1959 Ducati 175 Sport for Sale

1959 Ducati 175 Sport R Side

It’s easy to forget, but Ducati’s history began with a tiny little bicycle motor and their sporting roots are in single-cylinder machines. Unlike today’s “entry-level sportbikes,” they featured sophisticated technology and top-shelf components: the very first production Desmo Ducati was actually a 1968 250/350 Mk 3! It’s a little rough, but this 1959 Ducati 175 Sport would be a great candidate for restoration, or you can just enjoy the classic patina as-is and wait for the value to climb further… I’d be unable to resist putting some new tires on so I could blat around the neighborhood.

1959 Ducati 175 Sport Tank

These are delicate little machines, so different from the hyperbikes that Ducati seems to focus on today: 190hp frameless road missiles, 1200cc naked roadsters, cruisers with impossibly fat, 200mm rear tires.  Not that I don’t lust after those, it’s just that modern bikes have become so much more capable than all but the most skilled riders, a two-wheeled performance pissing match akin to the nearly pointless posturing of the 200+ mph car club.

1959 Ducati 175 Sport L Grip

This is clearly being offered up by an enthusiast. The original eBay listing contains some history of the owner’s relationship with this machine: 1959 Ducati 175 Sport for Sale

I took part in the Italian Motogiro several years ago on a Moto Morini 175 Tresette.  It was truly an incredible experience!  Once I got home, I began collecting a few Giro-eligible 175cc Italian bikes, which have never been easy to locate here in the US.  One of the bikes I felt was a mandatory addition to my collection was a Ducati 175 Sport.  The only problem was finding one.  I searched and searched, and kept coming up empty.  Finally, I was able to locate one but it was located in Buenos Aires, Argentina.  The logistics were tricky and expensive, but I managed to get the bike crated and shipped back to California.

This particular bike is unique as many electrical components were sourced from Argentinian manufacturers, and these should not be viewed as “incorrect” when the bike is eventually restored.

The “Jelly Mould” gas tank is in very nice solid condition.  I have seen these genuine tanks alone trade for $2500-$3000.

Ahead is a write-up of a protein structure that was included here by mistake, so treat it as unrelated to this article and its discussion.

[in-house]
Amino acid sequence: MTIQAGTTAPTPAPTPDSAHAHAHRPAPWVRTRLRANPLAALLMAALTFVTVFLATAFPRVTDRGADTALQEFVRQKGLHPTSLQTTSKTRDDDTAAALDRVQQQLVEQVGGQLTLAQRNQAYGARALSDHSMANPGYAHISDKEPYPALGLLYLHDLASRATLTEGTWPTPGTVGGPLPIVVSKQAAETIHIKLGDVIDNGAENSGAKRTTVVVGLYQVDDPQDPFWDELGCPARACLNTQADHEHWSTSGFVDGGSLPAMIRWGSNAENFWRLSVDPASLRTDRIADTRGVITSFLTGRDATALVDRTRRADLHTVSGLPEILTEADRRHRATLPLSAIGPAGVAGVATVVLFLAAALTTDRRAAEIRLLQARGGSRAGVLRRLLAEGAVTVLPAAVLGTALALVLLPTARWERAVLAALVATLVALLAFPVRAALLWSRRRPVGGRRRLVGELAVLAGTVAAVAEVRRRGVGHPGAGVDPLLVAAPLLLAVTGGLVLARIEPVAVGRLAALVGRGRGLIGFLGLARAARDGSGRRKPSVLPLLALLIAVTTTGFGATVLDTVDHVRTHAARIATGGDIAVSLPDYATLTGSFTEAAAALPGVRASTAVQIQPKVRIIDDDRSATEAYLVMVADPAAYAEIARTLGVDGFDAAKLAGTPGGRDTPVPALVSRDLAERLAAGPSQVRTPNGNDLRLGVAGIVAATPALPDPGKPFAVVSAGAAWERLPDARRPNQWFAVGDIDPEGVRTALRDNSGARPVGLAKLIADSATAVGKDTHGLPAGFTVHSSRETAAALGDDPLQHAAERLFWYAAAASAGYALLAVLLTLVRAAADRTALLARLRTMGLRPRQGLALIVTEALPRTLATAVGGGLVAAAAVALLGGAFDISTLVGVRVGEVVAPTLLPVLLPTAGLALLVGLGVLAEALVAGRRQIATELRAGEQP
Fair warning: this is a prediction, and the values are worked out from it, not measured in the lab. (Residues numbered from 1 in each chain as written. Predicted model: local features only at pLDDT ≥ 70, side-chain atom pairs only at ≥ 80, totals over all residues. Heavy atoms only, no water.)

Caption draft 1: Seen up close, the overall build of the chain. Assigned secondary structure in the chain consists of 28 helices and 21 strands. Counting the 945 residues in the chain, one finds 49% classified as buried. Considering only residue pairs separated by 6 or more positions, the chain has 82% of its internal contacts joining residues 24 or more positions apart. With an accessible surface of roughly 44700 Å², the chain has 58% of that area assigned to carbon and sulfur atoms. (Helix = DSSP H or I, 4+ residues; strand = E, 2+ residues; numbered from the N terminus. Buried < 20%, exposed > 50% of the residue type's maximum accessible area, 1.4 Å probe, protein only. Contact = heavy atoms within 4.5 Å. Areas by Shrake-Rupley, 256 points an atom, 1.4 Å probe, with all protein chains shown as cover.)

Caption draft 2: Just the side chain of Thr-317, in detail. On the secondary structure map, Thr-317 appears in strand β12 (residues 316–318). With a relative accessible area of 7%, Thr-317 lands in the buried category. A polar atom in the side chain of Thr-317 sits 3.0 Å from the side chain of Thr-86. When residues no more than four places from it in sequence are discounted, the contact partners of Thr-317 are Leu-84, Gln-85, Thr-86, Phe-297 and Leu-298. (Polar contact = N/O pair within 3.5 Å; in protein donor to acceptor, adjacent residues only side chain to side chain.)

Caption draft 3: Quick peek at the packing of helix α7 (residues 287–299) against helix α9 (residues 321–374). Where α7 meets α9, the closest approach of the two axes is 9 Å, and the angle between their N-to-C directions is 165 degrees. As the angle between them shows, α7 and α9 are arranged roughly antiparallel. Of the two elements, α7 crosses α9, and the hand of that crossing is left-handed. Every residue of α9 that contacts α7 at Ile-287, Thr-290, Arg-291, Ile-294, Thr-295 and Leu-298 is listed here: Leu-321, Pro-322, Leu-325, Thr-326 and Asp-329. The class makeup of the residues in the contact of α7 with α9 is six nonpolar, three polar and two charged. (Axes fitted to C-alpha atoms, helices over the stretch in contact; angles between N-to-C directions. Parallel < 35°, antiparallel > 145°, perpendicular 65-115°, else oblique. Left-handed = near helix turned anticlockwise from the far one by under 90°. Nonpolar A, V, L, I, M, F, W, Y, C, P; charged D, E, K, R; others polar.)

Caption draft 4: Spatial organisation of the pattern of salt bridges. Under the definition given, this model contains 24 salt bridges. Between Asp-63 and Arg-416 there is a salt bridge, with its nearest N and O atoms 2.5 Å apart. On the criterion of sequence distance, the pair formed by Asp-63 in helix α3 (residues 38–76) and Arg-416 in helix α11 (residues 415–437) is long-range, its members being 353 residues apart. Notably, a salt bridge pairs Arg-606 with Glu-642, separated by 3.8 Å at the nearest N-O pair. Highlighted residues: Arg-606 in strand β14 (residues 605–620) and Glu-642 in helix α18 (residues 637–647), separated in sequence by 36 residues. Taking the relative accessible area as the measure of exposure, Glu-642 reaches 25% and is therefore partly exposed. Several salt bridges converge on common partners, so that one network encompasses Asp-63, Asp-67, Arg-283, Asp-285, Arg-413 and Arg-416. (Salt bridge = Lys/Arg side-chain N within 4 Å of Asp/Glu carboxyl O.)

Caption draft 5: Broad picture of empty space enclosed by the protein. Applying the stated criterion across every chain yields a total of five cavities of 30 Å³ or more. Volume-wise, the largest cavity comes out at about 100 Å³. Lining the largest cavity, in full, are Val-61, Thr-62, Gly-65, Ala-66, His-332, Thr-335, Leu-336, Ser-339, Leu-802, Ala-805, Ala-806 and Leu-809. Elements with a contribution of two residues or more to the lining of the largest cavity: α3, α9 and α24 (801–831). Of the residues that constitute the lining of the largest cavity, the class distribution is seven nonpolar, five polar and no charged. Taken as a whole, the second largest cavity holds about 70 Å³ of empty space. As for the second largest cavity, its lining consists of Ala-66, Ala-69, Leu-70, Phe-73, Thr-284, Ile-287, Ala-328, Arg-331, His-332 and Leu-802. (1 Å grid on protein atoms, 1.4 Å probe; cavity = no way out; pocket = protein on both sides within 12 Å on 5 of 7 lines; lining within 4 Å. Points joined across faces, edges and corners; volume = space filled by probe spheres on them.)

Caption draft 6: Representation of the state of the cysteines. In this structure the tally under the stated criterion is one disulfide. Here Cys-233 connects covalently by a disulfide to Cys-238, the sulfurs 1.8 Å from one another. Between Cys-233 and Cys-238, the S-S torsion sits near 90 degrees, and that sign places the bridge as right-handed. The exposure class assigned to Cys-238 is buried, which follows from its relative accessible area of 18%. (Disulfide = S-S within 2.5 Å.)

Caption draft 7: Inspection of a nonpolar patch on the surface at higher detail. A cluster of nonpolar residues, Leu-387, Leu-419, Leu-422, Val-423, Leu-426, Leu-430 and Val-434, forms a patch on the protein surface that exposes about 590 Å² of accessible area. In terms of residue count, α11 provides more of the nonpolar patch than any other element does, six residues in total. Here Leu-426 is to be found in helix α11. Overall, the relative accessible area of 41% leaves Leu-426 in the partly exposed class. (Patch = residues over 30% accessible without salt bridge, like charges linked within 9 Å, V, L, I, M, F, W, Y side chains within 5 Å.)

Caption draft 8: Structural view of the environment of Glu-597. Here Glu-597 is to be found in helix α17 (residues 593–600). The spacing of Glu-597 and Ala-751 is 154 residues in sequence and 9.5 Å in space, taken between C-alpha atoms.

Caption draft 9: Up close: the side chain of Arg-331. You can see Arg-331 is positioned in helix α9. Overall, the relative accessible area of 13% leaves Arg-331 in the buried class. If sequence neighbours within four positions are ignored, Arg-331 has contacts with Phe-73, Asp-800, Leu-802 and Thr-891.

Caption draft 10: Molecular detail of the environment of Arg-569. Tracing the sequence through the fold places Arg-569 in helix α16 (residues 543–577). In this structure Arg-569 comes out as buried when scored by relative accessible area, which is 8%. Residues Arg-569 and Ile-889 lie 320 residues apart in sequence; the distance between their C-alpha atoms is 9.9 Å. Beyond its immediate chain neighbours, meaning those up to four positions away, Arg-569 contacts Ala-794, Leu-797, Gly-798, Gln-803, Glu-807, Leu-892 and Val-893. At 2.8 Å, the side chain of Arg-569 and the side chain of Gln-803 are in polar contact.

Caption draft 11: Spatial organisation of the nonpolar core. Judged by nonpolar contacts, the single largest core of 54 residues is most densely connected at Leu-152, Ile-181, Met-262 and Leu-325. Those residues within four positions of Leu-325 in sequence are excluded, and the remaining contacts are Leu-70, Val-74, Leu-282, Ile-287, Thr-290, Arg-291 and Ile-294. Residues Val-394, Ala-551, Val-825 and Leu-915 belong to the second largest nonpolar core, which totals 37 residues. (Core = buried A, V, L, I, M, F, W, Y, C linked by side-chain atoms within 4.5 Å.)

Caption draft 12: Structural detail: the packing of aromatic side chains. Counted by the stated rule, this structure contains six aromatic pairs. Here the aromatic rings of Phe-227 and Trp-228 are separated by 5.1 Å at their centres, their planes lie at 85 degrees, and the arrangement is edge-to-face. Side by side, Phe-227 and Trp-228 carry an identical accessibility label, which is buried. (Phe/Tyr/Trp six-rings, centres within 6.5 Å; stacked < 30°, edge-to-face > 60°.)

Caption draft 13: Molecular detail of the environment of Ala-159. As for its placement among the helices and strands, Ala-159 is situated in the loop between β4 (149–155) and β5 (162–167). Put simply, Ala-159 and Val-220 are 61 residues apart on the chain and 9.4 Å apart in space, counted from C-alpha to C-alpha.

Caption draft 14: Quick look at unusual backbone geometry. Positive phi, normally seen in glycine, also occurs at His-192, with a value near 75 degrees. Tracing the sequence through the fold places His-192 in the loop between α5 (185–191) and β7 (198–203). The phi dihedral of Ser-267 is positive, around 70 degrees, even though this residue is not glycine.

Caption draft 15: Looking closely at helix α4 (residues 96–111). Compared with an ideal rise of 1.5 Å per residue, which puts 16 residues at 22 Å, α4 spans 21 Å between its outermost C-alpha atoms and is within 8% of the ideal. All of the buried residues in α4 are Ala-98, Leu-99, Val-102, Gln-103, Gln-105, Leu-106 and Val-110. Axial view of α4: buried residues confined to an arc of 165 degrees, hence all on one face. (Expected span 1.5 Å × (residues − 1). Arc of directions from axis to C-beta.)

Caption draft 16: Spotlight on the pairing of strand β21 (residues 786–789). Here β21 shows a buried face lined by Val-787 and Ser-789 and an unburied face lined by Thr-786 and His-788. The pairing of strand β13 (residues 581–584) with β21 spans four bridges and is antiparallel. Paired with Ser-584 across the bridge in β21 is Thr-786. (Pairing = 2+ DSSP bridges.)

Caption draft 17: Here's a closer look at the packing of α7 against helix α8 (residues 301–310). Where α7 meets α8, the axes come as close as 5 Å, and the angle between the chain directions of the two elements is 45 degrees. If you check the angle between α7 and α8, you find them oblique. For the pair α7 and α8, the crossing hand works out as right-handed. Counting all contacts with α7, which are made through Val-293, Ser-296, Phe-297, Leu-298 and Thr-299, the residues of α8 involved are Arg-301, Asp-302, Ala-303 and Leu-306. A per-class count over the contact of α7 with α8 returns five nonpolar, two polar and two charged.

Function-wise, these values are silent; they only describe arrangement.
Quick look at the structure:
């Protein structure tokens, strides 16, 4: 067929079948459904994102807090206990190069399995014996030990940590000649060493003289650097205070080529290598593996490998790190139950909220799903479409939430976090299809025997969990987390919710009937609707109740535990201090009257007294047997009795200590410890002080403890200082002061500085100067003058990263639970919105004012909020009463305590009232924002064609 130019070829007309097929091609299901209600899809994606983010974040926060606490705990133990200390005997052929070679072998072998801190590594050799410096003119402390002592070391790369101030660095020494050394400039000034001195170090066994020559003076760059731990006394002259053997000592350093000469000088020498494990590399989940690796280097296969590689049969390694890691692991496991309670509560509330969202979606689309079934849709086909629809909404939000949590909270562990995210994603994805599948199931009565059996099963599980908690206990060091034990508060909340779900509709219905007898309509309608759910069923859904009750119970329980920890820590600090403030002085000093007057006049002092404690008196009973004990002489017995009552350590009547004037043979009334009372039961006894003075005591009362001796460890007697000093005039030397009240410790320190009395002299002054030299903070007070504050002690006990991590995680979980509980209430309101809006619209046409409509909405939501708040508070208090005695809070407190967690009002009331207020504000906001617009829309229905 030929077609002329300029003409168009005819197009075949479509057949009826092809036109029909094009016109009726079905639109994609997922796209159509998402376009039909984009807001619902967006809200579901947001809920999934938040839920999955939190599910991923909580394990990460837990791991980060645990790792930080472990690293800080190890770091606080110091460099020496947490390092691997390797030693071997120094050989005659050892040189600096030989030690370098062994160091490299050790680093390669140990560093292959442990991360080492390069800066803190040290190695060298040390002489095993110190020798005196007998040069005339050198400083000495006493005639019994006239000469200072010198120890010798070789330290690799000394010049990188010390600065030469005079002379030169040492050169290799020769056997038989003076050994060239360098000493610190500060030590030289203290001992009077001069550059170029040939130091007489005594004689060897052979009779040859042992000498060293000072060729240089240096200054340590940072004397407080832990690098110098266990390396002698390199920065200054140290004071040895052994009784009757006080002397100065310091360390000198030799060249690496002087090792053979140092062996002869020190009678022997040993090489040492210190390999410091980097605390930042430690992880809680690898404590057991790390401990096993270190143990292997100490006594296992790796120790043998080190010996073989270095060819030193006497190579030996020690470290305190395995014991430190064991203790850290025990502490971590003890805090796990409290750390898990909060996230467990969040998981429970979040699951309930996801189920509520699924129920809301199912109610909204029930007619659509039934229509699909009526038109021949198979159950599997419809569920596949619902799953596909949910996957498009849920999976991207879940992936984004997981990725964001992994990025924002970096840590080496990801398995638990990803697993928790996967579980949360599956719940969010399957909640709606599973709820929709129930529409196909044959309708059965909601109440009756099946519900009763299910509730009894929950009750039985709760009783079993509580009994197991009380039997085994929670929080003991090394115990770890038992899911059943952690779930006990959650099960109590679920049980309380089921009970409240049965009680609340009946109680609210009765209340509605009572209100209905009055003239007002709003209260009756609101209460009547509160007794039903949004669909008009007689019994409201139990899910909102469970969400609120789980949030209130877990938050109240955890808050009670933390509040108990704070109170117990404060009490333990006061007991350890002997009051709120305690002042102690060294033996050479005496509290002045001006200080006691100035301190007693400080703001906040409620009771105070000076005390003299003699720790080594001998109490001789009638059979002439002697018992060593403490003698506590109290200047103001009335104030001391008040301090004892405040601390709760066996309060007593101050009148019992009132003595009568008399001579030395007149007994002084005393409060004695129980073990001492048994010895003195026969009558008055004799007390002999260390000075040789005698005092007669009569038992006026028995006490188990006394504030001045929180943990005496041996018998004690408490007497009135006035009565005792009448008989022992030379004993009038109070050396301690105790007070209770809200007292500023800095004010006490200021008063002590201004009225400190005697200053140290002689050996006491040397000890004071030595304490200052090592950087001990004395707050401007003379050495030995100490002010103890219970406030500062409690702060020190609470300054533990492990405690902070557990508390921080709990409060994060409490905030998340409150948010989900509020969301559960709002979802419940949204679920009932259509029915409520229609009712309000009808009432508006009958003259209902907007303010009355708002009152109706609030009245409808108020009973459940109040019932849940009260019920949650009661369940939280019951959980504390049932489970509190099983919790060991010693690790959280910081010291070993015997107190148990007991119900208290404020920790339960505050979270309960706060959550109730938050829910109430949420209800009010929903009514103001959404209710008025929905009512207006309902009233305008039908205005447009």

Originally, this bike was going to be restored, but the bike had a unique time-worn patina that i really enjoyed.  It became part of my collection and was displayed many times over the next several years at various events (last was my “Barn Find” display at the 2013 Quail Motorcycle Gathering alongside my Vincent, Harley & Indian).

1959 Ducati 175 Sport R Rear Susp

I took a while for the “jelly mould” tanks to look right to me: they really do have a strange shape. The design is intended to allow the rider’s arms to tuck in close against the tank and the little loops on top allow packages and luggage to be strapped to the tank. According to the seller, it starts easily but has had no fuel in the tank, so it is currently more for display than riding, although that should be fairly simple to correct. When restored, these little bikes just radiate cool, and the vivid paint scheme is one of the most striking ever put on a factory bike.

Bidding is active, but still very low and the reserve has not yet been met.


1959 Ducati 175 Sport L Rear

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4 Responses

  1. RESTORATION?!?!? Tad, I oughtta whack you on the head for the suggestion. This bike, if painted over, will never be original again, and is in totally acceptable condition for all but a true lollipop queen. It would be stupid to restore this motorcycle; I’m usually not judgmental about what one chooses to do with their machinery, but take this small example into consideration: at the Las Vegas auctions last January, two c.1910 Pierce single-cylinder motorcycles came up for auction, one restored, the other original paint. The restored bike, which was beautiful, failed to meet its $35k reserve. The original bike soared to $110,000. THAT’S where the market is headed.

  2. tad says:

    Hey, hey, hey! No whacking me on the head! I specifically mentioned the bike “would be a great candidate for restoration, OR you can just enjoy the classic patina as-is and wait for the value to climb further…”

    But your point is well taken, although I hope someone diving into the restoration of a historic Ducati wouldn’t be making his choice based on my say-so…

    Also: big fan of http://www.thevintagent.com/ so I always welcome your input.


  3. I’ve calmed down… I need a Duc 175 like a hole in the head, otherwise I’d rescue it and keep it cozy in my warehouse.
    You’re doing a great job with this site; finally a worthy successor to Bring a Trailer for moto-heads.

  1. December 2, 2013

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